Although far from perfect, he says, the entire history of the EU showed that lasting progess – from the free market to Europe-wide environmental standards – could only be achieved through legally-enforceable policies framed and decided by the three central EU institutions, the Commission, the Council of Ministers and the directly-elected European Parliament.

Cohn-Bendit admits, however, that there has been a radical mood shift in European capitals. "This is the real problem in Europe today," he says. "France used to be keen on a powerful Europe when it thought that Europe would become a kind of Greater France. Germany was keen on a powerful Europe when it assumed that Europe would be a kind of Greater Germany. Now they see that, in the enlarged Europe, and in the post-Lisbon treaty EU with a greater role for the European Parliament, life is much more complex. Suddenly, they are no longer such keen Europeans."

In rubbishing Védrine, Cohn-Bendit accepts one of his principal arguments. There is a crisis of faith in the EU.

The founding fathers of the EU (née EEC) believed that European facts imposed from above – European institutions, a Europe-wide trading market, free movement of people and capital – would eventually generate a sense of European political identity. It would eventually be possible ("ever-closer union") to have a Europe-wide democracy and some form of Europe-wide government.

Now, it seems, the mechanism which was wound up and set working in the 1950s has run down. Despite the increased powers granted by the Lisbon treaty to Euro MPs, the EU has bumped against a glass ceiling. Or a European catch-22.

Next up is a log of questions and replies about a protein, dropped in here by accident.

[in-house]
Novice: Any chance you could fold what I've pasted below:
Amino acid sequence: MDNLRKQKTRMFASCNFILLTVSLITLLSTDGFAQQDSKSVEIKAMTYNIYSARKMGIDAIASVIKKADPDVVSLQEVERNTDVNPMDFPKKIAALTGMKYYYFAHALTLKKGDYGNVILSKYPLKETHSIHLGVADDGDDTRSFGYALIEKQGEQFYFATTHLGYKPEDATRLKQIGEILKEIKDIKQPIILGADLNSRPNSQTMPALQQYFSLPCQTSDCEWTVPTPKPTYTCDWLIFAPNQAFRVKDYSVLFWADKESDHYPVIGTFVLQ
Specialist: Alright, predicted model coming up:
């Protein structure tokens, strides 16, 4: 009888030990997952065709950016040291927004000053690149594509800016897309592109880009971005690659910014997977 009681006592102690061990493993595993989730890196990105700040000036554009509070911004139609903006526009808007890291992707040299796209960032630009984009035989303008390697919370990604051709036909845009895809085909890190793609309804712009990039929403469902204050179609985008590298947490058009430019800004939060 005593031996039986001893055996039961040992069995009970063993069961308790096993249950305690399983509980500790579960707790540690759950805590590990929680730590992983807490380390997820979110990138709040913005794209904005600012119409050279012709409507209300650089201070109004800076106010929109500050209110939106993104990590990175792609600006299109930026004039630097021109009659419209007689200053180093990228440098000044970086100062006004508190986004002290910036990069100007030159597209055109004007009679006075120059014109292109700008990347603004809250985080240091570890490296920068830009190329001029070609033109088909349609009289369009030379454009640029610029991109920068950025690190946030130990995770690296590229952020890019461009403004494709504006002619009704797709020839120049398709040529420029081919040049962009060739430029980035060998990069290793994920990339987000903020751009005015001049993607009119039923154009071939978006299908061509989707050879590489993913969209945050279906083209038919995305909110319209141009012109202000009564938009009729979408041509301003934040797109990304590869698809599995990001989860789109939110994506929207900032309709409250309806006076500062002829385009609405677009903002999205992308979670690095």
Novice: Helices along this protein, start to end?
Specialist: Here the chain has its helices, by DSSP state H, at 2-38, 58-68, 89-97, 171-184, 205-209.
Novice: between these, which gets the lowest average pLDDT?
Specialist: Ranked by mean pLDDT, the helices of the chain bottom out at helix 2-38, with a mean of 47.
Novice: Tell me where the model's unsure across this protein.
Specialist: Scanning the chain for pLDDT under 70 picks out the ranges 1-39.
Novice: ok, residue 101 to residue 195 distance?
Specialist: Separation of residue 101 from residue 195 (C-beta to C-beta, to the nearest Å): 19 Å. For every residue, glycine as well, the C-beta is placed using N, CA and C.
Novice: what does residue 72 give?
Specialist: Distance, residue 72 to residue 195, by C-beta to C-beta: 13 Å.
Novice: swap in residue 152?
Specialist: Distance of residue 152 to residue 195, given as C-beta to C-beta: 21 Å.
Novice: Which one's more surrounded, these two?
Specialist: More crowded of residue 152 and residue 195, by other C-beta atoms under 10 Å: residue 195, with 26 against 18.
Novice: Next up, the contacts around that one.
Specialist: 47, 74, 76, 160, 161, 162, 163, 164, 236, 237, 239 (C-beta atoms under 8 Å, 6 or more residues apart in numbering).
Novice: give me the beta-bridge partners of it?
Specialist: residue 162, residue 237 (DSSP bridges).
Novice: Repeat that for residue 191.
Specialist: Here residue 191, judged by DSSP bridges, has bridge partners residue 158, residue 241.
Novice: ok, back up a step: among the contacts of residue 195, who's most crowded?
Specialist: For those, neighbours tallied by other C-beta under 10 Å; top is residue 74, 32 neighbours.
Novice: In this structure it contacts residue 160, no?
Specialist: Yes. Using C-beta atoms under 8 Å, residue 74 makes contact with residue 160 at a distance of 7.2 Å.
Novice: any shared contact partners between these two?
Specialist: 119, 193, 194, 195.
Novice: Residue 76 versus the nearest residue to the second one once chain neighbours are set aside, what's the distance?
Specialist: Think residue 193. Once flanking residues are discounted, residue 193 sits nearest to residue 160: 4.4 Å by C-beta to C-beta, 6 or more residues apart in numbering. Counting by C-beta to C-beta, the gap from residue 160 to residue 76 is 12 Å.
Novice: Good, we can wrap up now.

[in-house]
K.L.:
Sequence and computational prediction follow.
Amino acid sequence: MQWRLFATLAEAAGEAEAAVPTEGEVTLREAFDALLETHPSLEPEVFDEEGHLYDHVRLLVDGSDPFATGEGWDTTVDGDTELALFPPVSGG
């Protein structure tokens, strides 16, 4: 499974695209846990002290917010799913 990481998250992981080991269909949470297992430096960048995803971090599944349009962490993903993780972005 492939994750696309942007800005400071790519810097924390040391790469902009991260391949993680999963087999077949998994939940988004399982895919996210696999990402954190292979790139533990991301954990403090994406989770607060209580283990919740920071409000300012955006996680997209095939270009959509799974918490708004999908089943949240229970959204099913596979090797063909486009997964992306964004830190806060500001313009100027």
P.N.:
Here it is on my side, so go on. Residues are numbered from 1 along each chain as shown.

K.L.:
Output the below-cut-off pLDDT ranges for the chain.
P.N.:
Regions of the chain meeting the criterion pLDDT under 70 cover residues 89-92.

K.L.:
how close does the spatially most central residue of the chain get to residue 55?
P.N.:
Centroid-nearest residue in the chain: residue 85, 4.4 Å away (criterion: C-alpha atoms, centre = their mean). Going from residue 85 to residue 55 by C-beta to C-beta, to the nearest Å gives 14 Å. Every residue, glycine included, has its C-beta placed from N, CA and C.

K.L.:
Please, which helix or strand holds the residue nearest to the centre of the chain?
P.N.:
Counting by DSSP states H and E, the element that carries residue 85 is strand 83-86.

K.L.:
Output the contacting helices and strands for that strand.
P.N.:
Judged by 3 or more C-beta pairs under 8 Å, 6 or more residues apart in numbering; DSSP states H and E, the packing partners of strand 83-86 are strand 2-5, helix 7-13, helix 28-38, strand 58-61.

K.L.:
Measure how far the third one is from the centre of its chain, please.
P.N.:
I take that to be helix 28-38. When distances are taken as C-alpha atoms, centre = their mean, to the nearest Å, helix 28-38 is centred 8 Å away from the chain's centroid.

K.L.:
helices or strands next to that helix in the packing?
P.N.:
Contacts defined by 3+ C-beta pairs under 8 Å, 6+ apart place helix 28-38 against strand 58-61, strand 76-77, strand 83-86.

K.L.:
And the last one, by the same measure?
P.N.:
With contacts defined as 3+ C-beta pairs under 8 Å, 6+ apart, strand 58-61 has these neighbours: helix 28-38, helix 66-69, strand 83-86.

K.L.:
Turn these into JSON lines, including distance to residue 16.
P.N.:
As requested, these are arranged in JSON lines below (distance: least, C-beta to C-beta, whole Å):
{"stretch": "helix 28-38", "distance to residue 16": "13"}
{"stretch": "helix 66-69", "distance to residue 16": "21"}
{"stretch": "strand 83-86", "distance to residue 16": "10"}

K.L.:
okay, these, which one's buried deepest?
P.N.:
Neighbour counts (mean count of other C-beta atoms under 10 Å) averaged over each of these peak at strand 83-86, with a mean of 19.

Further power for the EU would demand more direct democracy. More direct democracy will never willingly be ceded by national politicians and bureaucracies because it confers legitimacy and power. Without legitimacy, the EU will remain remote and disliked. While the EU is remote and disliked, there will be little popular demand for direct democracy.

Member governments (even the most supposedly pro-European ones) have cherished this conundrum for years (even in the supposedly Great Years of European advance). With 27 member states (and rising) and the shifting, less-communautaire attitudes of Germany, France and Italy, the glass ceiling barring the way to a more federal future is never likely to be shattered.

Védrine is depressing but right. Cohn-Bendit is inspiring but wrong. The ever-closer union promised by the Treaty of Rome in 1957 is likely to become, de facto, "never-closer union". Member states are already veering towards intergovernmental, non-binding ways of making new European policies (on, say, defence).

But that does not mean we should abolish the EU institutions or allow them to fall apart. We would end up facing the same pan-European problems – trade, immigration, environment – with no core framework for discussion or decision.

Védrine talks of rehabilitating "the nation" without reviving the destructive forces of "nationalism". But all across Europe – from Italy, to Belgium, to Hungary, even to stolid Sweden and to Sarkozy's France – some of the uglier forces of "nationalism" are already on the march. Is this a safe moment to let the Europe-wide institutions fall into disrepair?

Védrine does not explain how his Brave New Europe can be bolted on to the existing, half-built supranational one. Whatever the British may pretend, the European free market would not exist for a day without EU laws and institutions.

Nor does Védrine answer Cohn-Bendit's unanswerable point. Intergovernmental agreements are, de facto, fragile and temporary because governments are fragile and temporary. How would Védrine make his new defence, foreign, industrial and research policies anything more than a series of loose, political poker games, changing as governments change?

Something close to what Védrine describes may well happen to the EU in the next decade. The change could come as an incoherent muddle (the most common state of affairs in the EU). Or the change could be coherent and willed, transparent and democratic: a formal acceptance that a United States of Europe is an impossible, and maybe destructive, dream, but that the core, supranational decision-making bodies of the EU are just as necessary as ever.

That would mean another EU treaty. And yet Védrine tells us that there is no stomach in the EU for more treaties ...

Is there a statesman, or woman, in the house?